Repsol S.A.[2][nb 1] (Spanish pronunciation: [repˈsol]) is a Spanish energy and petrochemical company based in Madrid. It is engaged in worldwide upstream and downstream activities. In the 2020 Forbes Global 2000, Repsol was ranked as the 645th-largest public company in the world.[3] It has more than 24,000 employees worldwide. It is vertically integrated and operates in all areas of the oil and gas industry, including exploration and production, refining, distribution and marketing, petrochemicals, power generation and trading.

TypeSociedad Anónima
PredecessorInstituto Nacional de Hidrocarburos
Founded1987; 34 years ago (1987)
HeadquartersRepsol Campus, ,
Area served
Key people
Antonio Brufau Niubó (Chairman)
Josu Jon Imaz San Miguel (CEO)
ProductsOil and gas exploration and production, natural gas and LNG trading and transportation, oil refining, petrochemistry
ServicesFuel stations
RevenueIncrease €51.353 billion (2020)[1]
Increase €2.359 billion (2020)[1]
Increase 49.701 billion (2020)[1]
Total assetsIncrease €60.778 billion (2020)[1]
Total equityIncrease €30.914 billion (2020)[1]
Number of employees
Increase 24,506 (2020)[1]
SubsidiariesRepsol Petróleo, Repsol Butano, Repsol Química, Repsol Exploración, Petronor



In 1927 CAMPSA (Compañía Arrendataria del Monopolio de Petróleos S.A.), headed by Miguel Primo de Rivera y Orbaneja, was created with the objective of administering concessions in handing over the state monopoly of petroleum companies. Originally the company was arranged so that the state would have a minority stake. The Creation of CAMPSA intensified the progress of the Spanish refinery industry.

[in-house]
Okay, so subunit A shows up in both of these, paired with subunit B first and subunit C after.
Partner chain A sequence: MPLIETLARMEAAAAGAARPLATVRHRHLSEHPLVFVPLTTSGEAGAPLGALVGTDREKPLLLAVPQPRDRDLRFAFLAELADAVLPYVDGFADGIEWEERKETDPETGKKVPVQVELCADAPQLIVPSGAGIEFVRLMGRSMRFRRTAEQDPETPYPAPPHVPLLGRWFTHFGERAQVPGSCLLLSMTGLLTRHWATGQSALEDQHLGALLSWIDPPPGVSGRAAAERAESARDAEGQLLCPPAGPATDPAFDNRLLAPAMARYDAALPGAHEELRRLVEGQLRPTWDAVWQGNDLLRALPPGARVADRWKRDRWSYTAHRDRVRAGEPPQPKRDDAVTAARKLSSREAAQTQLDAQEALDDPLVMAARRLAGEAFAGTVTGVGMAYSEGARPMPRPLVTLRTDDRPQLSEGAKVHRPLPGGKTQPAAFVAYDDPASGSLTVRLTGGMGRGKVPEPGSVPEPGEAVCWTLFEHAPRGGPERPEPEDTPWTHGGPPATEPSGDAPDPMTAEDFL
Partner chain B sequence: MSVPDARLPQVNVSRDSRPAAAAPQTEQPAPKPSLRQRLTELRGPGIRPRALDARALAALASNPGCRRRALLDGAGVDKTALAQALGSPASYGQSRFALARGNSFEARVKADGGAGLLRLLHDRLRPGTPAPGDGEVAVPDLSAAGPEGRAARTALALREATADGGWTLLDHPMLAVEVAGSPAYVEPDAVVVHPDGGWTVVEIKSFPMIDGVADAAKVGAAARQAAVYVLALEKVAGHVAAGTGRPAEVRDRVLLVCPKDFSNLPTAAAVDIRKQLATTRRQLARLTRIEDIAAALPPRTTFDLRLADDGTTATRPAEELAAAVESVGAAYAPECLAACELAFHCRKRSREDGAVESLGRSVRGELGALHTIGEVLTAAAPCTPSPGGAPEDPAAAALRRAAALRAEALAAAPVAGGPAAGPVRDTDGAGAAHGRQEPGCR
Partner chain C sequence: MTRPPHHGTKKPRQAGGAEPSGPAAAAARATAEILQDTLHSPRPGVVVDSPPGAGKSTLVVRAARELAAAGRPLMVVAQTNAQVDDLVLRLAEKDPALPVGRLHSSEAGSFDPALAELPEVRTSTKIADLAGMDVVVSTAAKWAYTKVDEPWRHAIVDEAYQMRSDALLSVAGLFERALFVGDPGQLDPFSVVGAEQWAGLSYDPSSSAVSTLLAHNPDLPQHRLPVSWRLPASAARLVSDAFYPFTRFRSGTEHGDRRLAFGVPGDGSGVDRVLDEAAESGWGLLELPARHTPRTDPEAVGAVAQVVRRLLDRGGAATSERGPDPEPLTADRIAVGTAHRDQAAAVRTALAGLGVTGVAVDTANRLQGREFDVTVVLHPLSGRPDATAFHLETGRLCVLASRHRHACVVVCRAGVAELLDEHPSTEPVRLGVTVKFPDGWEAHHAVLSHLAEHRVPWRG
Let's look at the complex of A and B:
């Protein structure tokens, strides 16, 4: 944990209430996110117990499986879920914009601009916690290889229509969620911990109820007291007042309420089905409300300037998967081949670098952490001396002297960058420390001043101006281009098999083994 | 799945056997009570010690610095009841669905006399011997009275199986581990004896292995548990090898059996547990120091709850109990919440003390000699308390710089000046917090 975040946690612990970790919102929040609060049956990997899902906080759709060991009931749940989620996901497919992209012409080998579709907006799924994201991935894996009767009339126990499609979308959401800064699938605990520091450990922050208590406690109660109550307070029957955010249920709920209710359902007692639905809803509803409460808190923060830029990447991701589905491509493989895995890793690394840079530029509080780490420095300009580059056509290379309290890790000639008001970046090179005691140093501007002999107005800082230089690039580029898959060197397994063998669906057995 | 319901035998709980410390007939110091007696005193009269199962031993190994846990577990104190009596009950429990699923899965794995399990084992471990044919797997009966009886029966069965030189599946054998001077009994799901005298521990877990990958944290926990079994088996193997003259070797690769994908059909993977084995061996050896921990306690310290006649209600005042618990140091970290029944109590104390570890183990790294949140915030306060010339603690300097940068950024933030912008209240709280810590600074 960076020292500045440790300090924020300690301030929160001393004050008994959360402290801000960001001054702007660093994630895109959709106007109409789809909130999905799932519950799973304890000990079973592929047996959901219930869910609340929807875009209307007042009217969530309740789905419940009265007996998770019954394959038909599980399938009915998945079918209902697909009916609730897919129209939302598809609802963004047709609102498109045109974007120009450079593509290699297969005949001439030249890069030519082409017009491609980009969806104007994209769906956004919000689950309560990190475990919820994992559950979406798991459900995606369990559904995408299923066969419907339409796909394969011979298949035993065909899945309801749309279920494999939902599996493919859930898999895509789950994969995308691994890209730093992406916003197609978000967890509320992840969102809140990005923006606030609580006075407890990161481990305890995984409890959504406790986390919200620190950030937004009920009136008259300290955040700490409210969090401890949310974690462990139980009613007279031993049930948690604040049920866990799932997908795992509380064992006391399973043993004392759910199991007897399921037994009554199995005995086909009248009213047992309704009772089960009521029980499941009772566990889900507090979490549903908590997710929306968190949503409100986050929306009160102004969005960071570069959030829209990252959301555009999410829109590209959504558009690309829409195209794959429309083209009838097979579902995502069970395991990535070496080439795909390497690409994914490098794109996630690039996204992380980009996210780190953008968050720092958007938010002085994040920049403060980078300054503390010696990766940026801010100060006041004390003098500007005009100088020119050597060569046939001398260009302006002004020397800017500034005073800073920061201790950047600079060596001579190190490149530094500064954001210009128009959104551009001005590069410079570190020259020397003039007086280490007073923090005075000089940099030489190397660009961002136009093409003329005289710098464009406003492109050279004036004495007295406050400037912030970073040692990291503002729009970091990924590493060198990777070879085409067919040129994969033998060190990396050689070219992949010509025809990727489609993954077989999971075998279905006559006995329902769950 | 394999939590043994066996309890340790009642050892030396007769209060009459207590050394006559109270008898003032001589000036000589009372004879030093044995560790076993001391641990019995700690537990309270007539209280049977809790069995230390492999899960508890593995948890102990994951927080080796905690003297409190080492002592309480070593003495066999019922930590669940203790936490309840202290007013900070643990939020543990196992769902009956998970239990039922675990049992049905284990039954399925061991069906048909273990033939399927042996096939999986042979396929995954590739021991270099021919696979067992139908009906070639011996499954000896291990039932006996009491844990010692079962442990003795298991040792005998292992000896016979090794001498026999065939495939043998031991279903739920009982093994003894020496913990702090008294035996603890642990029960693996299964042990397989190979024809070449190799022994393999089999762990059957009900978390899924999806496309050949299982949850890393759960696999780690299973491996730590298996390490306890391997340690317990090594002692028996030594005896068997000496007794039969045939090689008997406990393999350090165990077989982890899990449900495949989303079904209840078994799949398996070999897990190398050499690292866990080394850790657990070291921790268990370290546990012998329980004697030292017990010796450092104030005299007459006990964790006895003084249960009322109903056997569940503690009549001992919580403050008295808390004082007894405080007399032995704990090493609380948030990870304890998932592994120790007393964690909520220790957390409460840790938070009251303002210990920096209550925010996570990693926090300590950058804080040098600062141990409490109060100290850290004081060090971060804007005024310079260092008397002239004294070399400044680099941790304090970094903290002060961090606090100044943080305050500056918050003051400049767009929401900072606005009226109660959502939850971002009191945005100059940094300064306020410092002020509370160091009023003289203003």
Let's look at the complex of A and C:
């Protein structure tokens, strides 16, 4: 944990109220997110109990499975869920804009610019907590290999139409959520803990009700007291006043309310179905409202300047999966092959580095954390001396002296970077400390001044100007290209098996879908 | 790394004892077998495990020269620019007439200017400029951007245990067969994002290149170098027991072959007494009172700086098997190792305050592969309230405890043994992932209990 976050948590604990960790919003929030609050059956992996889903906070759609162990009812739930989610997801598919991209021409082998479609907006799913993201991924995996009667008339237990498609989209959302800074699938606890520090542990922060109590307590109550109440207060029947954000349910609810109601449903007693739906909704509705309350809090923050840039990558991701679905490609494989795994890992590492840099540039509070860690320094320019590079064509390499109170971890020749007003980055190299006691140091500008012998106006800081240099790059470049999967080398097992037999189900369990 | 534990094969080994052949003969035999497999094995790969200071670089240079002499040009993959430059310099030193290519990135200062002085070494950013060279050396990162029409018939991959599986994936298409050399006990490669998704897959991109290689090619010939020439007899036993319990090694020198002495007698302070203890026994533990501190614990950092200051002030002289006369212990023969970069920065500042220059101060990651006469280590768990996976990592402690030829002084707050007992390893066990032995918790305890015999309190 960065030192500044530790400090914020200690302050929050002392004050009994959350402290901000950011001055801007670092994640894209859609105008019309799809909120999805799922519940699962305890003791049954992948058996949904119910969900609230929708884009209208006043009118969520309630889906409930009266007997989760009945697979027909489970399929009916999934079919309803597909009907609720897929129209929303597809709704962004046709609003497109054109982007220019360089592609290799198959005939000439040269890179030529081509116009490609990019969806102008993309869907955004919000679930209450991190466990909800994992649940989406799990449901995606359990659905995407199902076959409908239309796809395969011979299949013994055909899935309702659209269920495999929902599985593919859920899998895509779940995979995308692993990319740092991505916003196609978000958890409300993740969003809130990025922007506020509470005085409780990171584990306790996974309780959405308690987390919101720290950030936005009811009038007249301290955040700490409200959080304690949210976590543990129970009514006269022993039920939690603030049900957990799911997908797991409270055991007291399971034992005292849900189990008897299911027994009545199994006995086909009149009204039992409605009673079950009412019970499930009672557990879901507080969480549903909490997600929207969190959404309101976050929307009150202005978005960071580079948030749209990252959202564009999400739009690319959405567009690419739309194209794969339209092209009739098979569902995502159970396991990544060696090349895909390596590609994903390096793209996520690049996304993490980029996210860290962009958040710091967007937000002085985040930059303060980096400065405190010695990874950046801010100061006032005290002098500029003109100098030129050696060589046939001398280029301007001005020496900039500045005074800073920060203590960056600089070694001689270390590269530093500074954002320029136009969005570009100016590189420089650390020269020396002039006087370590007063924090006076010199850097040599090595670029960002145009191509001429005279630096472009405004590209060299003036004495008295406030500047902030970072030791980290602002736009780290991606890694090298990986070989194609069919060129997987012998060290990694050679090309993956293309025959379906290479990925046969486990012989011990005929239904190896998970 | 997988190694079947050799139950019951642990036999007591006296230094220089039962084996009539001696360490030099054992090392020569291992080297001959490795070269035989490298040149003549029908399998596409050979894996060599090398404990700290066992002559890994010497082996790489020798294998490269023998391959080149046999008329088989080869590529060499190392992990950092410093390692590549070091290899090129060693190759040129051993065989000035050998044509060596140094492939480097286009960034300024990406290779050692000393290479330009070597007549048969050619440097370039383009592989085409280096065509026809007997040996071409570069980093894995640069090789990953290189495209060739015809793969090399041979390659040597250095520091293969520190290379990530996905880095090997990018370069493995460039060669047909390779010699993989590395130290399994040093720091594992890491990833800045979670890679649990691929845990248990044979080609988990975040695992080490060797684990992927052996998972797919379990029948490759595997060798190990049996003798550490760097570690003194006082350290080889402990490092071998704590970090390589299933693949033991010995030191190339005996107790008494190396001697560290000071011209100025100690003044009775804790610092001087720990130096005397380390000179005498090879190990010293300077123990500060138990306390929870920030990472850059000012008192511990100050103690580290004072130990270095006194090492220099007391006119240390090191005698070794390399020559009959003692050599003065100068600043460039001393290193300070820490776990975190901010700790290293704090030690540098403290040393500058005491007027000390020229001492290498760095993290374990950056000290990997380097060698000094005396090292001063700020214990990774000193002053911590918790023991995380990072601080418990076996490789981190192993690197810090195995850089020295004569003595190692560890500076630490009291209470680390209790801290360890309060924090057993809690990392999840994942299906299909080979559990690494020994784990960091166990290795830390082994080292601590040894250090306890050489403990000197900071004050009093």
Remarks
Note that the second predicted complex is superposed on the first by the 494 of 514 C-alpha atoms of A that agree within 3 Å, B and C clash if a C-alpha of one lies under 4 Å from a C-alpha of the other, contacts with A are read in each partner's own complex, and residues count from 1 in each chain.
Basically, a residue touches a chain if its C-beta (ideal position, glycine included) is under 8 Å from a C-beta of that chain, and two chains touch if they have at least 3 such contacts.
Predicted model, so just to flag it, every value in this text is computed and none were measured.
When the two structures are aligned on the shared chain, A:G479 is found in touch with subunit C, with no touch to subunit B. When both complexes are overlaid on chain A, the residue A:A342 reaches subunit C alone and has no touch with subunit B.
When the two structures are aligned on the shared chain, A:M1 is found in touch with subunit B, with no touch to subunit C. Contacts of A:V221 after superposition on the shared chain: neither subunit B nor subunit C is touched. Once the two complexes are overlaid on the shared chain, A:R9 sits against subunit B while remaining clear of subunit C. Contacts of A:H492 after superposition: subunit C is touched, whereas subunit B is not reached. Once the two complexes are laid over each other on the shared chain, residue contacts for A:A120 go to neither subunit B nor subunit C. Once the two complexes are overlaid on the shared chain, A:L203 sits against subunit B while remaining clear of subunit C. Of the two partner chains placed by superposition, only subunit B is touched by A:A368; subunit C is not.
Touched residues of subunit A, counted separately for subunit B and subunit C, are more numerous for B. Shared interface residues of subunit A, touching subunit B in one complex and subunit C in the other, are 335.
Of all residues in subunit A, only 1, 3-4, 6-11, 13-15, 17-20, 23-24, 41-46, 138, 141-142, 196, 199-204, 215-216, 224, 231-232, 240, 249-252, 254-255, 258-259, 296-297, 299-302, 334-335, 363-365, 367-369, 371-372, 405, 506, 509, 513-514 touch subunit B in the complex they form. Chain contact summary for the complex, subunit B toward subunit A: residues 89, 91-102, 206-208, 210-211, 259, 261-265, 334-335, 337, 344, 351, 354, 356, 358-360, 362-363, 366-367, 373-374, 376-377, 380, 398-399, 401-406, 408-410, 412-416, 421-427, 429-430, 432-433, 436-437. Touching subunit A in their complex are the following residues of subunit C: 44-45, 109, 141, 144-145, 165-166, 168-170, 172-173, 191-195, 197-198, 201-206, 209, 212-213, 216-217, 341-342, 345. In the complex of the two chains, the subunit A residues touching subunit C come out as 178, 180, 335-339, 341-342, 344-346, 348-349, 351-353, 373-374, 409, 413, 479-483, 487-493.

In 1941 the Spanish government under Francisco Franco created the INI (National Industry Institute), in order to finance and promote Spanish industries. The INI supported CAMPSA in its exploration of Tudanca, Cantabria, a monumental moment in Spanish exploration on the Iberian Peninsula. The year 1947 marked the end of a 20-year contract between the Spanish state and CAMPSA, decentralizing services while at the same time giving specific rights to the state to intervene in the company's affairs, minus distribution and commercialization, which remained exclusive to CAMPSA.[4]

In 1948, REPESA (Refinería de Petróleos de Escombreras S.A.) was incorporated for the installation of a refinery in the Valley of Escombreras (Cartagena).

REPESA became the symbol of the increasing industrial consolidation in the refining sector, as it took on the production and marketing of petrol, oils and lubricants under its own brand name.'[4] From the beginning, REPSOL was REPESA's "star brand" of petroleum[4] as a REPESA product brand.[4]

International expansionEdit

Repsol Campus in Madrid, company's headquarters built in 2013.
Repsol oil refinery in Puertollano.
A Repsol service station.

In 1999 Repsol bought 97.81% of the Argentine oil and gas company YPF S.A., which at the time was the largest oil-and-gas company in Ibero America. The acquisition better positioned Repsol as a multinational company. Repsol's acquisition of YPF also increased its capital to 288 million shares worldwide. Repsol's presence in Latin America was one of the keys to corporate growth. It was the first full year after the acquisition of YPF and the consolidation of Gas Natural SDG by global integration. The company's business structure was more balanced and international. Then in December 2001 Repsol completed an asset exchange agreement with Petrobras, making it the second largest consolidated oil company in Brazil. The same year Repsol announced new discoveries in Libya, Indonesia, Spain, Venezuela, Argentina, and Bolivia, prompting the development and marketing of its electricity business through Gas Natural SDG.[4] In 2003 Repsol tripled its reserves and production of hydrocarbons in Trinidad and Tobago. North American expansion in 2008 saw Repsol open a massive regasification plant on the east coast of Canada with enough capacity to supply up to 20% of the gas demand for New York and New England.[4]

Canary IslandsEdit